Going On – A Humorous Personal Journey From Understudy To Buddhist
Have you ever been sitting in the audience waiting for a play to begin when you notice a small piece of paper in the program announcing that one of the characters will be played by the understudy? I have and was instantly disappointed. I mean, what if they were not as good as the original actor or what if their performance was not perfect? My thoughts at that moment were all about me as an audience member. My thoughts never ventured to the understudy who was about to take the stage. Is she excited, is this her dream realized or is she terrified as she squeezes into a costume not made for her and prepares to step into a play that she has had little or no rehearsal for? She knows that the audience on the other side of that curtain are not happy about seeing an understudy but she must muster all the strength she has as she is "Going On".
Outside of the theatre, many of us know the concept of going on as the daily struggle to get to the next day, just going on. It’s like you are moving forward but without a direction to guide you. Instead you just complete your tasks as you always have, like them or not, not following a dream or even knowing what that dream would be.
Elizabeth Richardson brings her autobiographical one-woman show to Studio 1398 as part of the 2015 Vancouver Fringe Festival. She stands on a stage with a single chair and takes on over a dozen characters in the telling of her personal story of discovery, realization and simply going on. No props or costume changes are needed for Richardson to inhabit each of the characters she portrays. Her voice of Peter O’Toole is spot on.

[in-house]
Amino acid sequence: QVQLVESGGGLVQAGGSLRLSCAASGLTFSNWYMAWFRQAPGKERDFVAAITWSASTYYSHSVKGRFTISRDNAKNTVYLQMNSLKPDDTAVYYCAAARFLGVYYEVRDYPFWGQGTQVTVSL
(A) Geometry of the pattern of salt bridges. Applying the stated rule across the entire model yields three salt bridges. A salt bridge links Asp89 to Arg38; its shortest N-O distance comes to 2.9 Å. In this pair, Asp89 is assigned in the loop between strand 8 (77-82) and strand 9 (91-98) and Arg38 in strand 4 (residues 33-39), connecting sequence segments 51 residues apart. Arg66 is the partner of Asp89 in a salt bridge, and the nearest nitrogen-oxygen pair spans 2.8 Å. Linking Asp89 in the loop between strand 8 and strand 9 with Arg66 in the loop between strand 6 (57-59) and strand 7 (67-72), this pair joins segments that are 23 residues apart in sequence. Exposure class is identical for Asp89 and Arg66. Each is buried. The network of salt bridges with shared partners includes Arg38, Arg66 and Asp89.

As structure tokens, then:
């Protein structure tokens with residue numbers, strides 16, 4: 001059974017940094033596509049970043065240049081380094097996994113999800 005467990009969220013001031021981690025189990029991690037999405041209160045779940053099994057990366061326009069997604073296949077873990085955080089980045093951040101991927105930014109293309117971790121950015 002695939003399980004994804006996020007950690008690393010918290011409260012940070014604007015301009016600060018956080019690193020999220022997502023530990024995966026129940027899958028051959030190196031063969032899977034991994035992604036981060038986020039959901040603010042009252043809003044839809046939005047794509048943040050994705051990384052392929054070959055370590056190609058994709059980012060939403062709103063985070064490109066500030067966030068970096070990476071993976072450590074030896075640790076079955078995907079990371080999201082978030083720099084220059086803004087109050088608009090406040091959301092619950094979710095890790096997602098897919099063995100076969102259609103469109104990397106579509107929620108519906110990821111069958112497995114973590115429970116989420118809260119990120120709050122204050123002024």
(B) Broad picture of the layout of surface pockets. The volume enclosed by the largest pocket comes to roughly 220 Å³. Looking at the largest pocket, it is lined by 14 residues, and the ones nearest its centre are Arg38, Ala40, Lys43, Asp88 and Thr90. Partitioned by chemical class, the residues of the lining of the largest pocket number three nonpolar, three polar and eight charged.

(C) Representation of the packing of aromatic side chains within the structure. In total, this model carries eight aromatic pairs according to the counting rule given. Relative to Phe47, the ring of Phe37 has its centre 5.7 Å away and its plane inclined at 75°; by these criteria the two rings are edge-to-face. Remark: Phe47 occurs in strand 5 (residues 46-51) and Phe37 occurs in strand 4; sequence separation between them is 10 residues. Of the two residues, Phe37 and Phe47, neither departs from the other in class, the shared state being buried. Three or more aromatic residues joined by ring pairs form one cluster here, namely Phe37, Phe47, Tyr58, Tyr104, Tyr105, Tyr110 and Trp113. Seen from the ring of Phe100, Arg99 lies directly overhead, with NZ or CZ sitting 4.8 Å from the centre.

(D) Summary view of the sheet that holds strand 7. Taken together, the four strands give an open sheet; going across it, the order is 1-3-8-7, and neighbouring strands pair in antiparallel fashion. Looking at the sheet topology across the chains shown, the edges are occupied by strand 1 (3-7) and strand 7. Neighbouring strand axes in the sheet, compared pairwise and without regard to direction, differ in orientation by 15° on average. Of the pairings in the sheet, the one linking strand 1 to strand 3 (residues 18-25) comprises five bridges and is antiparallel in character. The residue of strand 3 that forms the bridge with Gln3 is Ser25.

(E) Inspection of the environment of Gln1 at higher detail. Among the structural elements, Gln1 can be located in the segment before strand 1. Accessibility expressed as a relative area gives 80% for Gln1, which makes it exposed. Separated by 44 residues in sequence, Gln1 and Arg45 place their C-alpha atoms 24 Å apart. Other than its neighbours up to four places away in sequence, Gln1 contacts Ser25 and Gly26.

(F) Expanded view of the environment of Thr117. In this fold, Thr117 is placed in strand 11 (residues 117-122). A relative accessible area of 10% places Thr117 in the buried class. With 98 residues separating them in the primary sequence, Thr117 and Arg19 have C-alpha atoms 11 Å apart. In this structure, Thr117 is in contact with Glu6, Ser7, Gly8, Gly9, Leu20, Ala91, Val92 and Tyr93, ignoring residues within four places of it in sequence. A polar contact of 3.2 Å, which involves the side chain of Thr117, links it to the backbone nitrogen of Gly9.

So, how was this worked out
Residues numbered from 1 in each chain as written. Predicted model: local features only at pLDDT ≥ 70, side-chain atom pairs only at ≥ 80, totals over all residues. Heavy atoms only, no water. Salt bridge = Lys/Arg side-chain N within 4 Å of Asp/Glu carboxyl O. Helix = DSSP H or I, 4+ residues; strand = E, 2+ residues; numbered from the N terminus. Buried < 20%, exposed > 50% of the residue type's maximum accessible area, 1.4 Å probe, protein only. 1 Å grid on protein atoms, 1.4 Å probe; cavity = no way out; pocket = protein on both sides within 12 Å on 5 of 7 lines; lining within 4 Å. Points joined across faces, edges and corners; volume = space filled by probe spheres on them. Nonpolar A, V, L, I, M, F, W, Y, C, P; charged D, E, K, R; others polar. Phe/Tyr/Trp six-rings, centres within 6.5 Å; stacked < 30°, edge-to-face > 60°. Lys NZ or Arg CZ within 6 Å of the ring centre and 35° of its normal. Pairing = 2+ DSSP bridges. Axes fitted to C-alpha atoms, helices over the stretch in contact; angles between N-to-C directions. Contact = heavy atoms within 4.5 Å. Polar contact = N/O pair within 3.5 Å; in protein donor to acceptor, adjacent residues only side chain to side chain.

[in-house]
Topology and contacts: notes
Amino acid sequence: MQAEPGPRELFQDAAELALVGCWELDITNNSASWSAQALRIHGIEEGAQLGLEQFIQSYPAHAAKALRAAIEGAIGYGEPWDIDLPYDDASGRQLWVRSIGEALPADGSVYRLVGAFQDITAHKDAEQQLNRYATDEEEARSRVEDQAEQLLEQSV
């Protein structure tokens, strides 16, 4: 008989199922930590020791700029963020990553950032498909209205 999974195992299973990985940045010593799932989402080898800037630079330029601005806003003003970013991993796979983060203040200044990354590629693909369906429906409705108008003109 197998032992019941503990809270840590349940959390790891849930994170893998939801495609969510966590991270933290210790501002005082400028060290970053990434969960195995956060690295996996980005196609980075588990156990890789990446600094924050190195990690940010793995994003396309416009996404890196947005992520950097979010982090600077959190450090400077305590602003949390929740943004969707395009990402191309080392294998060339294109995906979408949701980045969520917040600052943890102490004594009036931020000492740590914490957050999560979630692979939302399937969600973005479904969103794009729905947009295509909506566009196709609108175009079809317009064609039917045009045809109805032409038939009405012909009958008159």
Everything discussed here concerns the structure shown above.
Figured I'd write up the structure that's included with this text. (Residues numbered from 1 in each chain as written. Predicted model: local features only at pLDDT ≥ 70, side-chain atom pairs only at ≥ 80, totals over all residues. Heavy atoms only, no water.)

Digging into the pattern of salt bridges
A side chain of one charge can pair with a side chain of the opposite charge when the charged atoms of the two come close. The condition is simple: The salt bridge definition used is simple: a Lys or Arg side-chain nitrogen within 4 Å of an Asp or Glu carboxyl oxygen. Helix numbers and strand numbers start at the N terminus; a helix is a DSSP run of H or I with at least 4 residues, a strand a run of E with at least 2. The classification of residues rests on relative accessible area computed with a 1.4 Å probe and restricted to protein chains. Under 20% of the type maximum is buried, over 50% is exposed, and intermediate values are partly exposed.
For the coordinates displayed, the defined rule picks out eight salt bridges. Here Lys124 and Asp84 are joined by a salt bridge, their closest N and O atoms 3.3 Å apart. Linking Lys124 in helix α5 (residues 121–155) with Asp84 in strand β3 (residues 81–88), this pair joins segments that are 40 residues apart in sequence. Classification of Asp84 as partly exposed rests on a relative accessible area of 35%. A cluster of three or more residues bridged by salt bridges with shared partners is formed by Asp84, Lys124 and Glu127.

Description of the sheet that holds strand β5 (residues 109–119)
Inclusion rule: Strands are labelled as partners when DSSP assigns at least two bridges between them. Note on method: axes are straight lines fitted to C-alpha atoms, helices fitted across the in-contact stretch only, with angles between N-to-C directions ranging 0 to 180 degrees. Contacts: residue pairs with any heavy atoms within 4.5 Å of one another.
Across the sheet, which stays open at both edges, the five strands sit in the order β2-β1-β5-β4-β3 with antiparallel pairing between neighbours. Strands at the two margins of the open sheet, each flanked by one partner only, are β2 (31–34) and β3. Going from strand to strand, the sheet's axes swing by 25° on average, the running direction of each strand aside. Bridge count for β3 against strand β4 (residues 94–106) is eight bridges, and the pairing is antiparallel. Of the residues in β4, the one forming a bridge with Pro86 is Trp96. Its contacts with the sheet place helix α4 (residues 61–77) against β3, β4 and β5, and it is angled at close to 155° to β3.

The show takes you to the late 70’s when Richardson was a young actor touring with Peter O’Toole in a double bill of Chekhov’s “Uncle Vanya” and Noel Coward’s “Present Laughter.” She is a young actor with dreams of stepping onto the stage. She tells us about meeting Peter O’Toole and how this meeting took place while sitting on his lap. It was a different time. She understudies every female role in both plays and has no rehearsals for either show. Each night she waits for the announcement that she is going on.
The scenes toggle to bring us to 2004 when Richardson attends a Buddhist Retreat while dealing with her relationship with her mother. The retreat that Richardson describes is intense to say the least. It was located in a remote corner of a remote province in Canada. The retreat takes 3 years over a 5-year period. While on retreat, all communications are cut off with the outside world and very limited within the retreat itself. Richardson receives special permission to communicate with her mother. Her mother does not understand her daughter’s need to be Buddhist or attend retreat. Her Mother worries about what her friends would think—not that her daughter was an actor, I mean she acted with Peter O’Toole—but a Buddhist? Richardson struggles to balance the teachings of the retreat, her Mother, her dreams of future and past. She struggles not to get up and run away from the retreat, just give it up.
On the night that she was called up, Peter O’Toole told her “It’s a battlefield on the stage, a battlefield.” Richardson discovered later that a Buddhist Retreat is also a battlefield inside and out as was the relationship with her mother. We can battle with the things we love, those we fear and all too often with ourselves. Elizabeth Richardson shares a bit about acting, meditation, Buddhism, being a daughter and finding your dreams in this funny touching show. She will be “Going On” at Studio 1398 until the end of the Fringe.
“Moment by moment… Moment by moment…Everything… Everything… Everything Matters!”